That meant a paint job, building out the back to carry flower vases and adding an awning.

Next came procuring flowers by working with wholesalers, flower markets and other dealers.

With the truck ready and outfitted with flowers, the only decision was where to go to sell them.

“We just sought out the places that we really like to go,” Sizemore said.

That could mean being outside of the Pizitz building one day and in Woodlawn the next.

You can also find Wild Honey Food Truck at the West Homewood Farmer’s Market every Tuesday night this summer.

The warmer weather and opening of seasonal markets and festivals has made for a busy time for Wild Honey Flower Truck, which started sales in November.

“This is our first spring and summer season,” Sizemore said. “We’re really figuring it out as we go. We’re trying to have the truck out every weekend.”

The truck tends to draw a crowd and creates many opportunities for selfies. Sizemore has grown used to the reactions.

“I think they’re pretty surprised,” she said. “Most people want to take pictures with the truck. They ask a lot of questions about the truck and how old it is. I think it’s a very Instagram-able business, so people really like that. They can make a bouquet and take a picture with it and it helps us spread the word, too.”

One area of growth the Sizemores see is corporate events. Businesses like having the truck show up and then the bosses buy flowers for employees. She would like to see that side of the business continue to grow.

Meanwhile, you never know when a florist may come rolling up in Birmingham.

Wild Honey Flower Truck can be found online, on Facebook and on Instagram.

(Courtesy of Alabama NewsCenter)

3 weeks ago

Ford squashes shotgun portion of south Alabama dealership’s ‘God, guns and glory’ July 4 deal

(Chatom Ford/Facebook)

Ford Motor Company has shut down Chatom Ford’s Independence Day deal, although the dealership has already instituted a replacement.

After news went viral that the Washington County car dealership was including a Bible, 12-gauge shotgun and an American flag for every new, certified pre-owned or pre-owned vehicle purchased through July 31, Ford reportedly stepped in, seemingly not wanting its brand associated with support of the Second Amendment.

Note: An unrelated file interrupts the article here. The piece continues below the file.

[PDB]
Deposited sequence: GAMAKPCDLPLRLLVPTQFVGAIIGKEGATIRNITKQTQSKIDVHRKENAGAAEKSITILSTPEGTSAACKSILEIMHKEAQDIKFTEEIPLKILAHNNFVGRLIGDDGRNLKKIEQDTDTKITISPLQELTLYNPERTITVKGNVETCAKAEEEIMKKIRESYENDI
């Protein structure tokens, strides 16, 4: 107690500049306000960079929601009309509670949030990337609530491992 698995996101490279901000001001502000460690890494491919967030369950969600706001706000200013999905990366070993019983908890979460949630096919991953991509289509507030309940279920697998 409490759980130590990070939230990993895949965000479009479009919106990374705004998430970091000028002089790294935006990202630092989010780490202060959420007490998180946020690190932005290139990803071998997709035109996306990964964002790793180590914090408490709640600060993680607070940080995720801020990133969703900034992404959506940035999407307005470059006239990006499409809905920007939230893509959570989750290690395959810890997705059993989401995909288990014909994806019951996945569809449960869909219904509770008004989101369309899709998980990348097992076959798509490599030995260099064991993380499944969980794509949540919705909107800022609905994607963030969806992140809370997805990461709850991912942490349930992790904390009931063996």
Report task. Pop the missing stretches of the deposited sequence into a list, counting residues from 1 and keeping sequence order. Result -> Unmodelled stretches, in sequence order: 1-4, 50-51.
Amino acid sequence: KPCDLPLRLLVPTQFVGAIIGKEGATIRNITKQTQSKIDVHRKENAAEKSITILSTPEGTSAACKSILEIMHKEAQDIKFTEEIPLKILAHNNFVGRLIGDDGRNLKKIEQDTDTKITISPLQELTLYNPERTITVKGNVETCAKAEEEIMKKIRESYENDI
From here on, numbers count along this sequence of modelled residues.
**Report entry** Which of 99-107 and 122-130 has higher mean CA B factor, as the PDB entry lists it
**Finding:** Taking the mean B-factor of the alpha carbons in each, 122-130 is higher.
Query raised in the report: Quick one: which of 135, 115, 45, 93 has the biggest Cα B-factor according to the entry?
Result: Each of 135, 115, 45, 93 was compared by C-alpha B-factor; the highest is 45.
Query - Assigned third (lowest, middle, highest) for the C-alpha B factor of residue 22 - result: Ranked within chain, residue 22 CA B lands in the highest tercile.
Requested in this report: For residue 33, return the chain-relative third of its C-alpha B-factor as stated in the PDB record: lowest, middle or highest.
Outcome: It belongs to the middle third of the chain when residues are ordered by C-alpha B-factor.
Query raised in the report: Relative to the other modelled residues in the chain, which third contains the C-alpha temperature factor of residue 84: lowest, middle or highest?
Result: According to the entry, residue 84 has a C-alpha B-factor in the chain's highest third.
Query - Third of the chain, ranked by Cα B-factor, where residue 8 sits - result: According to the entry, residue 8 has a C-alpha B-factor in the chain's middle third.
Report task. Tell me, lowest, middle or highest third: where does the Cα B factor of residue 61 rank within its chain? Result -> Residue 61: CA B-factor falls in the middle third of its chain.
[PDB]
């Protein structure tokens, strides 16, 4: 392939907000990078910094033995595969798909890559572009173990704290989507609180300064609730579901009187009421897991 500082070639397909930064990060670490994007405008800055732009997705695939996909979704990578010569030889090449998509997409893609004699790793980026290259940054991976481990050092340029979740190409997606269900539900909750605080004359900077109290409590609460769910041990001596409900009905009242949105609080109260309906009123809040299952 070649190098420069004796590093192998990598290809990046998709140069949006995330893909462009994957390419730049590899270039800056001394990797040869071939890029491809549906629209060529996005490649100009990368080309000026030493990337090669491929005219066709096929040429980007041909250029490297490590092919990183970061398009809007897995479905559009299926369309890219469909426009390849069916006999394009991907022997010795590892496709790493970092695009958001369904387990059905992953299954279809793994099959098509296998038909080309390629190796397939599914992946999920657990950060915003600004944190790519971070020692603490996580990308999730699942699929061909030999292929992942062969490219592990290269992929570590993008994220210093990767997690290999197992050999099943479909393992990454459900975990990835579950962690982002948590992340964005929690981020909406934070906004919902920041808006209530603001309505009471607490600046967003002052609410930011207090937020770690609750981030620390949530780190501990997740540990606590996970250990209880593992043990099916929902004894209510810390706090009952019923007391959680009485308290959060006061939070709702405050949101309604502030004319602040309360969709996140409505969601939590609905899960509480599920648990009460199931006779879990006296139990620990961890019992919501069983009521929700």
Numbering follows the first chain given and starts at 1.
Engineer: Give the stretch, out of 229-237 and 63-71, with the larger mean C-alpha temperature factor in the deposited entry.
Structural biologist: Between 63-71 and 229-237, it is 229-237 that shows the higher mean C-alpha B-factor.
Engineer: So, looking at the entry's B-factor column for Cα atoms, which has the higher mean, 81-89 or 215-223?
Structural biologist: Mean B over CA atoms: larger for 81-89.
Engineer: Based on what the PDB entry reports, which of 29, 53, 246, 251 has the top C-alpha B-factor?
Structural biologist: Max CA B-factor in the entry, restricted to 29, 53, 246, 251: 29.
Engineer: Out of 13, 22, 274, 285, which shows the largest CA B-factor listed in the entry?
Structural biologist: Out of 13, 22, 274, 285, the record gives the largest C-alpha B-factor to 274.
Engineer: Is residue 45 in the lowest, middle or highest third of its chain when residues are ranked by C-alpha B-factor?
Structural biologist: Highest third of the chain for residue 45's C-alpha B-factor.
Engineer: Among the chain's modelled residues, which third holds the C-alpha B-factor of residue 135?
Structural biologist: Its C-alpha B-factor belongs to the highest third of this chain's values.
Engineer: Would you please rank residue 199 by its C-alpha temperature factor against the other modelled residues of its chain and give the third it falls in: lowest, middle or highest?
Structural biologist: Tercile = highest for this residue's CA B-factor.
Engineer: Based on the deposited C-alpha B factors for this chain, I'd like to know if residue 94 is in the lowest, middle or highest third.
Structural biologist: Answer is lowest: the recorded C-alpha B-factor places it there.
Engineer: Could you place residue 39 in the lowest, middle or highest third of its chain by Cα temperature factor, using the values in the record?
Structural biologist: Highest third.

The Facebook video originally promoting the deal has been taken offline. A Facebook post from the dealership on Wednesday afternoon explained their predicament and thanked supporters.

“We were running a promotion celebrating this country’s independence,” the post read. “[Ford Motor Company] manufacture(s) the products we are franchised to sell, so we are complying with their request. We appreciate everyone’s support. All the phone calls and messages were so greatly appreciated. We will fulfill all commitments we made to our customers.”


“Ford Motor Company wasn’t aware or involved in this promotion,” Ford spokesman Mark Truby told The Washington Post. He added that the dealership had promised to “stop talking about it as God, guns and glory.”

Now, a similar deal is being promoted on the dealership’s Facebook page. The offering of a shotgun has been replaced with a $200 gift certificate, while the Bible and flag remain included.


To be clear, the dealership was not just handing out shotguns. A legal, responsible process using authorized firearms dealers and proper background checks was being utilized.

“Obviously, we’re not just running around willy-nilly and giving everybody a shotgun,” Koby Palmer, the dealership’s sales manager, said.

Palmer advised that besides Ford’s reaction to the deal, the dealership had received an overwhelmingly positive response and vehicle sales had increased, too.

He emphasized that the deal reflected the values of the rural south Alabama community which Chatom Ford proudly calls home.

“They love their faith, they love their country, and they love to hunt,” Palmer explained.

The sales manager also noted that they were not trying to alienate anyone.

“This is something just to promote our little community and things they hold dear to their heart,” Palmer added. “We love everybody regardless of race, creed and religion, and we want everybody to come in and let us love on them a little bit.”

On Thursday, Chatom Ford made the first sale based on the new deal.

Sean Ross is a staff writer for Yellowhammer News. You can follow him on Twitter @sean_yhn

3 weeks ago

Central Alabama trucker finalist in national talent search — ‘Singing is … a connection to the spiritual realm’